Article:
The Bourgeois Revolution: From Marx's Point of View
A panel discussion organized by the Platypus Affiliated Society, held on March 19, 2011, at Left Forum, Pace University.
The "bourgeois revolutions" from the 16th through the 19th centuries-- extending into the 20th--conformed humanity to modern city life, ending traditional, pastoral, religious custom in favor of social relations of the exchange of labor. Abbe Sieyes wrote in 1789 that, in contradistinction to the clerical 1st Estate who "prayed" and the aristocratic 2nd Estate who "fought," the commoner 3rd Estate "worked:" "What has the 3rd Estate been? Nothing." "What is it? Everything." Kant warned that universal bourgeois society would be the mere midpoint in humanity's achievement of freedom. After the last bourgeois revolutions in Europe of 1848 failed, Marx wrote of the "constitution of capital," the ambivalent, indeed self-contradictory character of "free wage labor." In the late 20th century, the majority of humanity abandoned agriculture in favor of urban life--however in "slum cities." How does the bourgeois revolution appear from a Marxian point of view?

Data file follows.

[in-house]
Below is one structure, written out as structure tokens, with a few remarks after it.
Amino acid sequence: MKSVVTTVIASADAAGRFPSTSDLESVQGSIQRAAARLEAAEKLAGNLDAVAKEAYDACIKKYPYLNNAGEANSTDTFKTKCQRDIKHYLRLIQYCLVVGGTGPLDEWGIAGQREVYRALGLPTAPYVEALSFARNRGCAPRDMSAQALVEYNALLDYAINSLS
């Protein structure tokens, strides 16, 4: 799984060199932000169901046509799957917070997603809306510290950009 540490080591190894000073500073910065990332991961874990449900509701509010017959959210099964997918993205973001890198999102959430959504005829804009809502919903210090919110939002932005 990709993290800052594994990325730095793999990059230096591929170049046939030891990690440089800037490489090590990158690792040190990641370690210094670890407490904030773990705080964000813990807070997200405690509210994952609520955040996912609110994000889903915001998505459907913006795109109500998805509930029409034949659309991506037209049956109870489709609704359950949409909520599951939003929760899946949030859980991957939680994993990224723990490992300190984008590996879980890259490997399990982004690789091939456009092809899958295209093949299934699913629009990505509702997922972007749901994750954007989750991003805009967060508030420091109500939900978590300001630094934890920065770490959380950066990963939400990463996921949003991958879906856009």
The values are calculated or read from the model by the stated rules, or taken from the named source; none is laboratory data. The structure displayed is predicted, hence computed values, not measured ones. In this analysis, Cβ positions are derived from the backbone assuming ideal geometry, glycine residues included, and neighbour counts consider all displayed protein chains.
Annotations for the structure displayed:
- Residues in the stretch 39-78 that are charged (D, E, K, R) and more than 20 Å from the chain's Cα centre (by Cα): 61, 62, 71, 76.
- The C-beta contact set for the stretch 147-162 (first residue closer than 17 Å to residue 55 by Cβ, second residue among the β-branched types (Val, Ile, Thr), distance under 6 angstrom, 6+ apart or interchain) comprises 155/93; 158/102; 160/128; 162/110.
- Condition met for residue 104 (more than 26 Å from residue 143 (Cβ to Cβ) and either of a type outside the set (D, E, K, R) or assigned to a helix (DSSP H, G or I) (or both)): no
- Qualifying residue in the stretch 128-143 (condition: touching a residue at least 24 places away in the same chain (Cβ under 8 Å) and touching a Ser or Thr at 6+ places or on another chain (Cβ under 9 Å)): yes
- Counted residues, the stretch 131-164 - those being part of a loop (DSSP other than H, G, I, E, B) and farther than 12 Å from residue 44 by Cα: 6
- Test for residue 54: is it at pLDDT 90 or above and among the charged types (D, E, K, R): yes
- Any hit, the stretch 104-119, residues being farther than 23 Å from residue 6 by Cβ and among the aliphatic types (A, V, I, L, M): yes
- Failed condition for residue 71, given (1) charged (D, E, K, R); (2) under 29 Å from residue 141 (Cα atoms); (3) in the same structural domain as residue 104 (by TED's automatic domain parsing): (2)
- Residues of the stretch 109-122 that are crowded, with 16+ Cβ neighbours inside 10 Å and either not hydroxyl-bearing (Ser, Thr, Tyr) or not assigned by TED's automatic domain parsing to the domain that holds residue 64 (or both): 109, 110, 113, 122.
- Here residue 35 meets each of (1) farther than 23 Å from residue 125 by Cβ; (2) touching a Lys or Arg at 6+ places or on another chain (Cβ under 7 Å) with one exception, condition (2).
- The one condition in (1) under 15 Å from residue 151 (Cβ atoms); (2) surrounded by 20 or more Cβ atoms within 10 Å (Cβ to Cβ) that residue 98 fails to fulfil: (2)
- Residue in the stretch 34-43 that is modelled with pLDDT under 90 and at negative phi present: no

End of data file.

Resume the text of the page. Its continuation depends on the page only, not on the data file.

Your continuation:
James Vaughn - University of Texas at Austin, Platypus Affiliated Society
Jeremy Cohan - New York University
Richard Rubin - Platypus Affiliated Society
Spencer Leonard - University of Chicago, Platypus Affiliated Society